Still, there were times when it was apparent that the WWL doesn’t broadcast many hockey games in both Frozen Four contests. John Buccigross did a good job in his first Frozen Four semis and Barry Melrose and him have some chemistry from calling regional games. However, it isn’t all there as they still are calling their 4th& 5th college hockey games of the season. That’s 1/8 the games of other analysts this year.

Thoughts on Saturday’s NCAA Championship Game – Yale v. Quinnipiac

-College hockey’s championship was pre-empted by SEC regular season softball. Although ESPN cut the end of the game in favor of a quick Yale-QU pregame with Buccigross and Melrose, it’s a major surprise to turn on ESPN at 6 p.m. CT and see LSU-Texas A&M.

-I really enjoy when ESPN uses pregame locker room speeches. CBS Sports Net has done this before as well and it is something I’d love to see more.

-”We’re underway in Pittsburgh” came 25 seconds late  because Clay Matvick was in the middle of a story. That would have been a good time to have an actual pregame show. Opening puck drop is a major deal and to shrug it off doesn’t give the championship game the kind of respect it deserves.

-The duo acknowledged Drew LeBlanc winning the Hobey despite SCSU not playing, as did Dave Starman and Todd Grisham during both intermissions. Although I’ve enjoyed the between period segments, at times the repetition has been overkill.

-Melrose says Zach Tolkinen was injured by “the big forward for Yale” on a hit. Solid analysis  Barry.

-Buccigross explained the change in hand pass rules this year during a 5×3 stretch for Quinnipiac, which was buffered by a  1968 tidbit on scoreless title games (DU-UND).

-Better analysis by Melrose on a lazy clear by Yale goalie Jeff Malcolm, explaining what QU did right and what they could have done better.

-Neither analyst gave up at the end of the second and paid off with Bourbonais’ tip past Eric Hartzell for the game’s first goal with 3.5 seconds left. Melrose in particular pointed out that Quinnipiac wasn’t playing like they had been for the majority of the period and that it came back to bite them.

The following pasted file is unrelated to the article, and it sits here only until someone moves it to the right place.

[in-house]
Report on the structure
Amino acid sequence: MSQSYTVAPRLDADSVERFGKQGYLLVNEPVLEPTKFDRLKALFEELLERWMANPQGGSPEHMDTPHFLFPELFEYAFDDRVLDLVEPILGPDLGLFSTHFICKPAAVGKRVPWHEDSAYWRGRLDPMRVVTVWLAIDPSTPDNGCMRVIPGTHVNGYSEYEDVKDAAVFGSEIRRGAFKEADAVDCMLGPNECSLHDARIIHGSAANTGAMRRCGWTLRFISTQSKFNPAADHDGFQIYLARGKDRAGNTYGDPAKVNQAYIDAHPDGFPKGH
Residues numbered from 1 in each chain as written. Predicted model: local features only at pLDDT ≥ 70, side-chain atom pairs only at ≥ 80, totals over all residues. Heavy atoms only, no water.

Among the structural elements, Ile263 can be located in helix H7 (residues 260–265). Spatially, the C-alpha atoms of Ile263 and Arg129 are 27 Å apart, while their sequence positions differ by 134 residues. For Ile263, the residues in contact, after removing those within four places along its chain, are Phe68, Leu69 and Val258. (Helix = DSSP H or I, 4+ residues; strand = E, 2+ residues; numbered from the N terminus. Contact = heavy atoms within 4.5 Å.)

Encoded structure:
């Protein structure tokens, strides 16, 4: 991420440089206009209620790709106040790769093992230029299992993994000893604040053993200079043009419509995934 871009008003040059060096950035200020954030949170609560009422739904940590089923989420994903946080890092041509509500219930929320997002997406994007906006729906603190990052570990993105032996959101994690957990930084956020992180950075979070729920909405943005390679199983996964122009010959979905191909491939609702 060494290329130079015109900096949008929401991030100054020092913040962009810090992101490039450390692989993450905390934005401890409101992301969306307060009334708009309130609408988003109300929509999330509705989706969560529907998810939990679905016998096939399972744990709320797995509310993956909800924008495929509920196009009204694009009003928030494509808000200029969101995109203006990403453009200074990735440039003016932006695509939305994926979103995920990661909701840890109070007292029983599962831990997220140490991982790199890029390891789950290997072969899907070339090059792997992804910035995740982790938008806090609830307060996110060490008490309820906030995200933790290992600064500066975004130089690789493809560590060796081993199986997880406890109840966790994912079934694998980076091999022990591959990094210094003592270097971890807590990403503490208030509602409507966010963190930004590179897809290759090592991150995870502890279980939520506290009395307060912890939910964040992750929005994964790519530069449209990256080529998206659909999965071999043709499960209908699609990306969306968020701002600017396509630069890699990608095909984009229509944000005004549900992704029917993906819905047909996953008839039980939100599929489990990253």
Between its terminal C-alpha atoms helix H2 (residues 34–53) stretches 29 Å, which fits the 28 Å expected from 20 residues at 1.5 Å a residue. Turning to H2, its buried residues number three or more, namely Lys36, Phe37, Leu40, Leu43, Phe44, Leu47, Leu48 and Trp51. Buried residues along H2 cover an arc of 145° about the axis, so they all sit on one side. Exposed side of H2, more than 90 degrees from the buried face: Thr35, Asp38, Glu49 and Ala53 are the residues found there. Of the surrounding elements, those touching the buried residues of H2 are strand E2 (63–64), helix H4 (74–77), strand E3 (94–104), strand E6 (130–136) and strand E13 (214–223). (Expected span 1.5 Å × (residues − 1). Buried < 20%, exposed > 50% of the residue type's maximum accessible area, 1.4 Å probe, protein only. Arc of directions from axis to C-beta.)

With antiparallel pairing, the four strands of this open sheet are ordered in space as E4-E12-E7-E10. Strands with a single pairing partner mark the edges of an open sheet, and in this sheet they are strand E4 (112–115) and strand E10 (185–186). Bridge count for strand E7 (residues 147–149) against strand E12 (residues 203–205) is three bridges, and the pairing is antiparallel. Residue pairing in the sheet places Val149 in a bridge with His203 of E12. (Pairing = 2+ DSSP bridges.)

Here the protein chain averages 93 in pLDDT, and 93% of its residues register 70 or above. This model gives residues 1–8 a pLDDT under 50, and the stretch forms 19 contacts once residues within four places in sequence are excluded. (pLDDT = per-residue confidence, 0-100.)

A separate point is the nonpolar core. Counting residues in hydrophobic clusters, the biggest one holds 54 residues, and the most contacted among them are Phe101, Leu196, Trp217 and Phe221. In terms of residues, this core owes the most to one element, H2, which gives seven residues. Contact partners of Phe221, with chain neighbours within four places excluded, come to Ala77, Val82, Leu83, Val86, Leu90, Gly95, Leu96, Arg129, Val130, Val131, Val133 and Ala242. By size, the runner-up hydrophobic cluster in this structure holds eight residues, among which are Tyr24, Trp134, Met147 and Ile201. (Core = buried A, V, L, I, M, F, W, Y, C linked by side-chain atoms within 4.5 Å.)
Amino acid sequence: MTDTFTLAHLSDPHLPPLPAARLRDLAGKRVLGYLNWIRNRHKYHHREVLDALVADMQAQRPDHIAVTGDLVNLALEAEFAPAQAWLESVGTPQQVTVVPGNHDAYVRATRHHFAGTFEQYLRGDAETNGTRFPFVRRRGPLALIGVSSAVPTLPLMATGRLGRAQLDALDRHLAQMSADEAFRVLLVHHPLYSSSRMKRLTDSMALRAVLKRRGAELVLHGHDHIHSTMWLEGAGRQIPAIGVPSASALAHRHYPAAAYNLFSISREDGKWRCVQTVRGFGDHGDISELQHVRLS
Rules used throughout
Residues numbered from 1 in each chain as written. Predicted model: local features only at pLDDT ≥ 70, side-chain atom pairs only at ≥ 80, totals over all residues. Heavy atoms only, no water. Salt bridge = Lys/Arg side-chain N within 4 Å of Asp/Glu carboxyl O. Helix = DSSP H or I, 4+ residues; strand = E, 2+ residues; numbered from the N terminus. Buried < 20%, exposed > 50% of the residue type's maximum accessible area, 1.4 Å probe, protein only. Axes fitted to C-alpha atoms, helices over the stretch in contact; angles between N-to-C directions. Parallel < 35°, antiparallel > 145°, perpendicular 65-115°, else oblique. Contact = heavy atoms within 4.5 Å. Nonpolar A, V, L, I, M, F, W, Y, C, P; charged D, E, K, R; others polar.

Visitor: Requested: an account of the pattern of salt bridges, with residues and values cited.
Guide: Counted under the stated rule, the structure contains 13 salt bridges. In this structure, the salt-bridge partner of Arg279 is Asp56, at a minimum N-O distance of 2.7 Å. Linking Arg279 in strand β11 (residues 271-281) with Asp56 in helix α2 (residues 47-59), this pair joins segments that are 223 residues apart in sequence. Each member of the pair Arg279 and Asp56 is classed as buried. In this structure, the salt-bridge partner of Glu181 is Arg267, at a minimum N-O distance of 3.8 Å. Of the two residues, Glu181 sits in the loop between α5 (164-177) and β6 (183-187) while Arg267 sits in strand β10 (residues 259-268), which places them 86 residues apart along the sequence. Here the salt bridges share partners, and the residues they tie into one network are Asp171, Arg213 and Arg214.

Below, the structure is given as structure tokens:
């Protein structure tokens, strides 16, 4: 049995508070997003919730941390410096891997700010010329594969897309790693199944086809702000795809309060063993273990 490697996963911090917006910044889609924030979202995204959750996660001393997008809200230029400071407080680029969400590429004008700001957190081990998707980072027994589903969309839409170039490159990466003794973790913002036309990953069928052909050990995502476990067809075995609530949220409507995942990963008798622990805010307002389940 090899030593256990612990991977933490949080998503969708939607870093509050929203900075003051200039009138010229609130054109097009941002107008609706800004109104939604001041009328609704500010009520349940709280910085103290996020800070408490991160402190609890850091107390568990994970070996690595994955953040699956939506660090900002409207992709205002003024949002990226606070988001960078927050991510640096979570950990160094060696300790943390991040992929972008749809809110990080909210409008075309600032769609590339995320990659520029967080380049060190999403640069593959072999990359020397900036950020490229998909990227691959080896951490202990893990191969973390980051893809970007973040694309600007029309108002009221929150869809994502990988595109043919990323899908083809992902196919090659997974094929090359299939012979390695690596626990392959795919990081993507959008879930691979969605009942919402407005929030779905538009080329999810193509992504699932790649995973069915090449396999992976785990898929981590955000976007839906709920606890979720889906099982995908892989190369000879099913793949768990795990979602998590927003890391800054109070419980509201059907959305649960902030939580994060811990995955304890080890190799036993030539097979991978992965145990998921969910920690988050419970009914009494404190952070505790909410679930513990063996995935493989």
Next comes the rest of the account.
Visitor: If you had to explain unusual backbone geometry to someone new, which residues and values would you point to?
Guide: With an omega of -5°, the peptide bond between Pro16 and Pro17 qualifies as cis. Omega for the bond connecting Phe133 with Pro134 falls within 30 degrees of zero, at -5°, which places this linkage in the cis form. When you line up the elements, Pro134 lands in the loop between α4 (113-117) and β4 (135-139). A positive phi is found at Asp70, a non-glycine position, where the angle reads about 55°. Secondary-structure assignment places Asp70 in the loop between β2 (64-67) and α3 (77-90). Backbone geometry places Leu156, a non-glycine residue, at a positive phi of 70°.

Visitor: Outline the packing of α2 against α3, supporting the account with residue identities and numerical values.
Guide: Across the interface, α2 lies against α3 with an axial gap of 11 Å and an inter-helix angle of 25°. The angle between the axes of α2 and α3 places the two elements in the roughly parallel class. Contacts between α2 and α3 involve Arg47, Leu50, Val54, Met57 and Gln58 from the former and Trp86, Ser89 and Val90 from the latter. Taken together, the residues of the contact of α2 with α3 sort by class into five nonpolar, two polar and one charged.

-Buccigross truly showed the scope of Yale’s accomplishment (beating 3 #1 seeds, big names like Minnesota and North Dakota along with an in-state rival in Quinnipiac).

-The two were even better painting the picture as the seconds ticked down to zero.

-ESPN showed the entire postgame celebration (although there wasn’t any postgame analysis). It was everything Thursday wasn’t.

Final thoughts: ESPN gets a lot of flack for their hockey coverage. Not all of it is deserved, though.

When they do show college hockey and give the broadcast its due (i.e. not being preempted by college softball), the coverage is good. The production is top notch.  There’s a reason why people enjoy watching ESPN and there are a few things that other networks who cover college hockey can learn from them. Buccigross did a fine job in his first year stepping into Gary Thorne’s shoes handling play-by-play although I do wish he and Barry Melrose called more games. They got better as the tournament went on.

And that’s the problem with ESPN covering college hockey. It’s not enough.  When John Buccigross signs off with “we’ll see you in Philadelphia next year,” it’s true. This isn’t college lacrosse, which seems to never stop playing on ESPNU. The Worldwide Leader won’t show another college hockey game until the 2014 NCAA hockey tournament. There is no #1 announcing team in the sport and while Buccigross has a vast knowledge of college hockey, he doesn’t get to show it off outside of six games and random Sportscenter segments.

The Worldwide Leader is among the best to show college hockey when they take it seriously. When it looks like they are running through the motions, giving vague analysis or leaving a game ASAP, however, it gives them and the sport  a bad name.